By Johan Marais
It’s been a particularly busy snakebite season, with the main culprits being the Mozambique Spitting Cobra (Naja mossambica), the Puff Adder (Bitis arietans arietans) and the Stiletto Snake (Atractaspis bibronii). As snakebites are not reported anywhere it is always difficult to obtain information about bites unless something appears in the popular press or on one of the social networks. I am also in touch with a number of doctors and hospitals that feed through information.
The biggest culprit when it comes to snakebites in southern Africa is the Mozambique Spitting Cobra. This is mostly because it’s a very active snakes that goes hunting for food and often ends up in suburban gardens. Disturbingly, many get bitten in their houses, often while asleep. Nobody quite knows why – its’ most likely that the snakes end up indoors by accident. They hunt for food, get to a wall and turn right or left, then get to a gap under a door and accidentally enter. But the real puzzle is why so many people are being bitten while asleep. One theory is that people move around a lot while sleeping and that the snake then bites in self-defence. Another theory is that the cobras smell people in the dark, not quite knowing how big a warm-blooded prey they are dealing with, the bite is a feeding–response bite. Such bites are always worse as a fair amount of venom is injected as opposed to a defensive bite during which the snake may inject no venom or very little.
Not all bites result in death, however. Often, bites like my Puff Adder bite get a lot of press coverage, and people quickly get a skewed picture of the situation. It also taints our approach to first aid treatment.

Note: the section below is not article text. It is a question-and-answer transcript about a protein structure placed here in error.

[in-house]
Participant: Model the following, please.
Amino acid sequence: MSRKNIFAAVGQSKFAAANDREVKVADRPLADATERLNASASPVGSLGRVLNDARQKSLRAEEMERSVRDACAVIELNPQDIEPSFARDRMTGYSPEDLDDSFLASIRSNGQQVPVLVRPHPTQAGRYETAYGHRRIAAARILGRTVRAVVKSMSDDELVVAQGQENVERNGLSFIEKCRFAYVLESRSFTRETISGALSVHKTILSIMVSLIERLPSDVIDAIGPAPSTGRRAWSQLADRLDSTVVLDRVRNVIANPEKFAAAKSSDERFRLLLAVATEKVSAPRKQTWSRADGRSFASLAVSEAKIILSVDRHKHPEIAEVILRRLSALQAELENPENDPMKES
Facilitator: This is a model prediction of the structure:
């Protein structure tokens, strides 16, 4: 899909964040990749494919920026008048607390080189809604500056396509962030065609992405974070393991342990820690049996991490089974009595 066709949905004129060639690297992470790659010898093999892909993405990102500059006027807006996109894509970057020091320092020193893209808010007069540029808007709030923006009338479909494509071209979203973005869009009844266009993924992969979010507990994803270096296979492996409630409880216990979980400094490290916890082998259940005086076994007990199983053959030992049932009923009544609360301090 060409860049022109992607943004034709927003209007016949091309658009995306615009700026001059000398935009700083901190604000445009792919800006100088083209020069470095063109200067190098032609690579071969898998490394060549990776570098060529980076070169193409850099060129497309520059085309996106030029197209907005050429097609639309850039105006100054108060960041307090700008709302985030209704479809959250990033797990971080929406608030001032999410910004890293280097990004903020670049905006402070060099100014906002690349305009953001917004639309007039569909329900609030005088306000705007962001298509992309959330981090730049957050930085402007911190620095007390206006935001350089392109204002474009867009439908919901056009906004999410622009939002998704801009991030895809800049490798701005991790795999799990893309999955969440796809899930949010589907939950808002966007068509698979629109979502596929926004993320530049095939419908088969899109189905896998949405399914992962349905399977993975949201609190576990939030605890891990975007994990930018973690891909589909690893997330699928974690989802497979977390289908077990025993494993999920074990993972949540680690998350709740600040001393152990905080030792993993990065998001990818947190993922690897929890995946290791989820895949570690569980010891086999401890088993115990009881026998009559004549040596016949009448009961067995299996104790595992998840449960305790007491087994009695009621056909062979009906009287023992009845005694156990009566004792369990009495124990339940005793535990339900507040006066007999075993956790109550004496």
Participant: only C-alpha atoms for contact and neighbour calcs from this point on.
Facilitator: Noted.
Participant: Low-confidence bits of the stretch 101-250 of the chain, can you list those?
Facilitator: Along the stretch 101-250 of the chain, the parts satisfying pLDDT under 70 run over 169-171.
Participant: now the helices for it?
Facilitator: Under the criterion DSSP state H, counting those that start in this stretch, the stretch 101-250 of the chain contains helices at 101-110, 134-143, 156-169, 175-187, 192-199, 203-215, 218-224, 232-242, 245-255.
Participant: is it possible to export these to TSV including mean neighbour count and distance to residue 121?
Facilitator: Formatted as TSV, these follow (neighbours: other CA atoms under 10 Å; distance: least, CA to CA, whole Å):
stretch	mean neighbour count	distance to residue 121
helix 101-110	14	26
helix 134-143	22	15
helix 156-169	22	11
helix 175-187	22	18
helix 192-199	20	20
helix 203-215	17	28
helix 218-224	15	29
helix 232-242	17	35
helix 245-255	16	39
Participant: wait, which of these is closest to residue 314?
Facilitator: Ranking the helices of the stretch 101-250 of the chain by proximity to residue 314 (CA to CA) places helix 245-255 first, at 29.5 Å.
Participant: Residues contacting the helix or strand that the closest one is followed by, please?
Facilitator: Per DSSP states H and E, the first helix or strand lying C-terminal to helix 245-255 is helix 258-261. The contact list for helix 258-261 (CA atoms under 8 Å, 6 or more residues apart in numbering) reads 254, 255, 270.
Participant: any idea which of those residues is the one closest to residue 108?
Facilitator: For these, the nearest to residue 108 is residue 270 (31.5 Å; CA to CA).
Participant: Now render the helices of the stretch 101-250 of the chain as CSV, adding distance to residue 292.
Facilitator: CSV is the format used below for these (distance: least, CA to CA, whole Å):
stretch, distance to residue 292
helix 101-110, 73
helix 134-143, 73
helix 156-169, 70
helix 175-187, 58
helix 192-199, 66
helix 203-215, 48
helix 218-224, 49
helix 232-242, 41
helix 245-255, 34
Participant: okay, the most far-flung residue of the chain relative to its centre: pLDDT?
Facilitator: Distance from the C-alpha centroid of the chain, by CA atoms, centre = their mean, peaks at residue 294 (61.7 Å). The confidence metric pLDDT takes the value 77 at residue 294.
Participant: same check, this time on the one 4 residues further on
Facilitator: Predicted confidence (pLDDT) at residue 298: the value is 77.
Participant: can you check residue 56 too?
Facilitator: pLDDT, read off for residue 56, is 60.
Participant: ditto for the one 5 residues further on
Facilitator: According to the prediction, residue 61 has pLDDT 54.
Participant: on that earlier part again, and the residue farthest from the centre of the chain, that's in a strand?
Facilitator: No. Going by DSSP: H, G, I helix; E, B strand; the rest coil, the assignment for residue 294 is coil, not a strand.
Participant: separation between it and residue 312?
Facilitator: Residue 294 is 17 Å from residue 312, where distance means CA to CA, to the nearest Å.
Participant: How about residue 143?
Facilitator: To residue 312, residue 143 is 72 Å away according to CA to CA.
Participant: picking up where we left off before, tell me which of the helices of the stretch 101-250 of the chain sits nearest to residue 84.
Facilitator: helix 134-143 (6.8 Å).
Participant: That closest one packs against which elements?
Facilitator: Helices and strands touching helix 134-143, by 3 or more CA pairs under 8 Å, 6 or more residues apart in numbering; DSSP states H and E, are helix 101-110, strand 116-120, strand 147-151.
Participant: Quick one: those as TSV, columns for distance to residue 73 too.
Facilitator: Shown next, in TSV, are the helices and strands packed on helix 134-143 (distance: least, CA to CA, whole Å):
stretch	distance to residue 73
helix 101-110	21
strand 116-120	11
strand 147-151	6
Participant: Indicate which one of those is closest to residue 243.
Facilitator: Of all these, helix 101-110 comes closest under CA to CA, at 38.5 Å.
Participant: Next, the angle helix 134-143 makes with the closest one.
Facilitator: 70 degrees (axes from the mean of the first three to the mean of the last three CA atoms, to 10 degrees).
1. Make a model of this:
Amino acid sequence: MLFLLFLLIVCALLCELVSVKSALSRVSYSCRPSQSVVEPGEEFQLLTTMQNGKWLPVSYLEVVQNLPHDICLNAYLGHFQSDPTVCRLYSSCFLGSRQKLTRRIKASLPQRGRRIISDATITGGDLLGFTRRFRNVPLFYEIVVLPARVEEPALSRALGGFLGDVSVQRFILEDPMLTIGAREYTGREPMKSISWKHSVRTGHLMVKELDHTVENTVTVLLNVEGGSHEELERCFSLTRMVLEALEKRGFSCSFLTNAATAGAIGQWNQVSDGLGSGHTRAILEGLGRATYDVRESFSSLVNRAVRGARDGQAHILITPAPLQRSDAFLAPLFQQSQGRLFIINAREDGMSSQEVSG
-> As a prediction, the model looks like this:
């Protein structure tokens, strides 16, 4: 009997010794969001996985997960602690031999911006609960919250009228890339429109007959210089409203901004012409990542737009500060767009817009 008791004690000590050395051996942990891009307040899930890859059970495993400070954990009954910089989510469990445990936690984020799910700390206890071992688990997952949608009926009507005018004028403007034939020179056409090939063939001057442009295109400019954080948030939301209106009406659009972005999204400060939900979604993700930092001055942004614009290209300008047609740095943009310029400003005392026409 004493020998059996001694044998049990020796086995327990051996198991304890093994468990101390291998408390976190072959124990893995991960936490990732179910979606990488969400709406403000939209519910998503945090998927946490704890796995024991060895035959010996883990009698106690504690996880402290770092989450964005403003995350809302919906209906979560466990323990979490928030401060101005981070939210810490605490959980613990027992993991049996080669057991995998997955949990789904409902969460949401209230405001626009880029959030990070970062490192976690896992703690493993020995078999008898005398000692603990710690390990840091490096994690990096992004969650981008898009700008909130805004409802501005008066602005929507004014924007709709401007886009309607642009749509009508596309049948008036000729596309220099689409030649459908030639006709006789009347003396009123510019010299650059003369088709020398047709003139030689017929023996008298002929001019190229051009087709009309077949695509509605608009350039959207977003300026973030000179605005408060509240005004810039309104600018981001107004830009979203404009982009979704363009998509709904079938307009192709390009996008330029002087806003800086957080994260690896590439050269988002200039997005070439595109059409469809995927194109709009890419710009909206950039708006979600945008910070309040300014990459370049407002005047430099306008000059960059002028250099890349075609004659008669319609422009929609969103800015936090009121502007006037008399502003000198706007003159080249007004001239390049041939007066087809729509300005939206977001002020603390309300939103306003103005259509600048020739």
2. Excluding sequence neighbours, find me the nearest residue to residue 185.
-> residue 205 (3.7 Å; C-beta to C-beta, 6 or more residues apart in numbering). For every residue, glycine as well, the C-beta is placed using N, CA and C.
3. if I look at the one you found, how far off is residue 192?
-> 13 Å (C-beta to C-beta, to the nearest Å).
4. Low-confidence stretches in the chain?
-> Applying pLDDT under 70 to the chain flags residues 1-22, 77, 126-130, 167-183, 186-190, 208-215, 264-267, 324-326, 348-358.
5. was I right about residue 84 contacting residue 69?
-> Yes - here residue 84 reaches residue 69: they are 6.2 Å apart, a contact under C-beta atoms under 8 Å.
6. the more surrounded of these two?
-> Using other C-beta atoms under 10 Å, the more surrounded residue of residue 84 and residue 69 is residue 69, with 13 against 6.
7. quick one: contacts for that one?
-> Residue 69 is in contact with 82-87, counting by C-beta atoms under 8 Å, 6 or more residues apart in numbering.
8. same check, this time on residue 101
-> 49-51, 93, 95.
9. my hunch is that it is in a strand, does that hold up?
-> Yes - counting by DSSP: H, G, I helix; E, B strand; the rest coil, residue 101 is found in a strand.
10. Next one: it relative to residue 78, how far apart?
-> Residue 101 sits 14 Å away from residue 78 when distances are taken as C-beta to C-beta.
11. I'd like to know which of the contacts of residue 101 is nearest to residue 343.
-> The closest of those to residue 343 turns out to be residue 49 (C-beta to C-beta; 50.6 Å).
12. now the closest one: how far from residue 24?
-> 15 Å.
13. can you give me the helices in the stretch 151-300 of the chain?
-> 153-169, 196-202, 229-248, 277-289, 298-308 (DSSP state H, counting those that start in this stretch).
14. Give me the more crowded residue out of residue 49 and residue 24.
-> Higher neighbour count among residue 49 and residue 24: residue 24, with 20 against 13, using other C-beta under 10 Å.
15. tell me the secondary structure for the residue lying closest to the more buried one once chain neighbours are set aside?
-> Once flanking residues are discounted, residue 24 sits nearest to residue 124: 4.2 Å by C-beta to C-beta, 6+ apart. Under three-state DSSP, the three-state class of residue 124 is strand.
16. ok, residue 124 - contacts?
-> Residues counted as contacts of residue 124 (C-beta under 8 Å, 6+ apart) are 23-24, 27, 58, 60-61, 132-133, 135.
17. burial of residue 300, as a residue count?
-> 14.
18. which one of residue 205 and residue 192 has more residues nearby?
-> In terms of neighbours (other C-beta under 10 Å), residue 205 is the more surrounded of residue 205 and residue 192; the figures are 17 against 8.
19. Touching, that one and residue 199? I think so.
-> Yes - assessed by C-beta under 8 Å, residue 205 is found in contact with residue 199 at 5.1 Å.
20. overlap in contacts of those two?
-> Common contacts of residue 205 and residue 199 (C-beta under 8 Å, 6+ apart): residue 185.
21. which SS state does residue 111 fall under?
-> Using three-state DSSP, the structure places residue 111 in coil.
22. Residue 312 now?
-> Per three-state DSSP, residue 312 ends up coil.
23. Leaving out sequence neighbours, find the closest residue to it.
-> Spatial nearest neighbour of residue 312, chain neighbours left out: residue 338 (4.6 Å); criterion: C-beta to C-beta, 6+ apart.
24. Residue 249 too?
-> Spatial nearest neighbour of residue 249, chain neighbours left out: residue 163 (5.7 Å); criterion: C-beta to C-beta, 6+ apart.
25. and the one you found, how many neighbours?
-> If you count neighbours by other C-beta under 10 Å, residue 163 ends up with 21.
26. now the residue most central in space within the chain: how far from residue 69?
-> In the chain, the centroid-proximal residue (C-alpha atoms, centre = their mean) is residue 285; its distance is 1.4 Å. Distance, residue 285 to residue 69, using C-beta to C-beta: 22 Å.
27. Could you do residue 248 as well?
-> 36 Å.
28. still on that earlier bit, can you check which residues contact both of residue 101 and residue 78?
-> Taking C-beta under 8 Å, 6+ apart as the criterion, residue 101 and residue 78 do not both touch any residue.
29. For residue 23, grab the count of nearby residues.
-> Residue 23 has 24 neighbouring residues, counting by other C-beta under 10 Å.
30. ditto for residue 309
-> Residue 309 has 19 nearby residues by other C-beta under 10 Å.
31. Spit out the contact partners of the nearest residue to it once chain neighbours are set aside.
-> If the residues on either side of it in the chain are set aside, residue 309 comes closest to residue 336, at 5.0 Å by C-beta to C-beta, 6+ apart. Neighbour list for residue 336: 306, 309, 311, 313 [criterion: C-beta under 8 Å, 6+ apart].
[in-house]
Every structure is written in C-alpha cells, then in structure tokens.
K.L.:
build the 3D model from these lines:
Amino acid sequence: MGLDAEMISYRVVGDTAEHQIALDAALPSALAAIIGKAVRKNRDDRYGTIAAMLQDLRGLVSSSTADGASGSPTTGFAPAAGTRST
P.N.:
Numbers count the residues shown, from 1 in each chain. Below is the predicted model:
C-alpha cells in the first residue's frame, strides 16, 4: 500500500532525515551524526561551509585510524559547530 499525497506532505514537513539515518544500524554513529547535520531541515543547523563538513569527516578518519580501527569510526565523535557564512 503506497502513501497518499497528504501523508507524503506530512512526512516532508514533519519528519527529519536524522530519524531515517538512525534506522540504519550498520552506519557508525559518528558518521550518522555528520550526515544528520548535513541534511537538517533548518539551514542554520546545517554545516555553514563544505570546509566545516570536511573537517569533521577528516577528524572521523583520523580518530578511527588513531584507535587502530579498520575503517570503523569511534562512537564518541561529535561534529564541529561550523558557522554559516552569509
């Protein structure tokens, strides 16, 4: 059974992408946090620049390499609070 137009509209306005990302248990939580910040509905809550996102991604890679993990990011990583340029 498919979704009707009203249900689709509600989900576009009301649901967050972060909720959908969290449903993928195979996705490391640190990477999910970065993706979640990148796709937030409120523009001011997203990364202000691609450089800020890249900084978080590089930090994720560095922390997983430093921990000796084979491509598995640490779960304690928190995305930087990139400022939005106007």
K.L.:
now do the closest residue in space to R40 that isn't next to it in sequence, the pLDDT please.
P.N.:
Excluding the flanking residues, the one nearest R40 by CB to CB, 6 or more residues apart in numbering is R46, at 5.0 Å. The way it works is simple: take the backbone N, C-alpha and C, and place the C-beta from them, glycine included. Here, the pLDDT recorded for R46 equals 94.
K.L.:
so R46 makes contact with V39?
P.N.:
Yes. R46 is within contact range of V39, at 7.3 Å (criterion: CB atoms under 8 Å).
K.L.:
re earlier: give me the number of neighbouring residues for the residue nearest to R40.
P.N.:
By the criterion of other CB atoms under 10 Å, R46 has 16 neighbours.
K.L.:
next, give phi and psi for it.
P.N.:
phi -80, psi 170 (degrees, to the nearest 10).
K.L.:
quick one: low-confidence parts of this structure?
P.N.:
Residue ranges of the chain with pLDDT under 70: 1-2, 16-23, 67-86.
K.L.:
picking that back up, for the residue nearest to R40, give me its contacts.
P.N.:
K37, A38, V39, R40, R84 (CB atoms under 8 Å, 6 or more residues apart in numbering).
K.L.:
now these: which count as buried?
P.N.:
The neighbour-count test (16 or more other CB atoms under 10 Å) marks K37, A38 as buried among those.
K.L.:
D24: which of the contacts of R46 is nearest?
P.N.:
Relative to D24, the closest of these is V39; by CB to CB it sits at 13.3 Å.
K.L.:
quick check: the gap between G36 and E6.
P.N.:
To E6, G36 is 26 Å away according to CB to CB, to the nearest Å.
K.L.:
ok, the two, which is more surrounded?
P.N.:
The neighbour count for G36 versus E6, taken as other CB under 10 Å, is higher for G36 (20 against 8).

The vast majority of victims are laborers that work barefoot in fields and have very little access to medical care or ambulance services. It often takes the victims several hours to get to a clinic or doctor and they seldom know what snake was responsible.
Still, the identity of the snake is not vital in treatment. While it helps to know what one was bitten by, the physician should treat the symptoms and not a specific kind of venom.
These rural cases seldom make it into the press, and Black Mamba (Dendroaspis polylepis) bites are also seldomly reported, either because these nervous but dangerous snakes are good at avoiding people, or that victims actually die before they get to major hospitals and such deaths are never properly reported.
Worldwide there are in the region of five million snakebites a year with around 100 000 deaths. One paper talks about 6500 bites annually in southern Africa but that could be much higher – we just don’t have the data.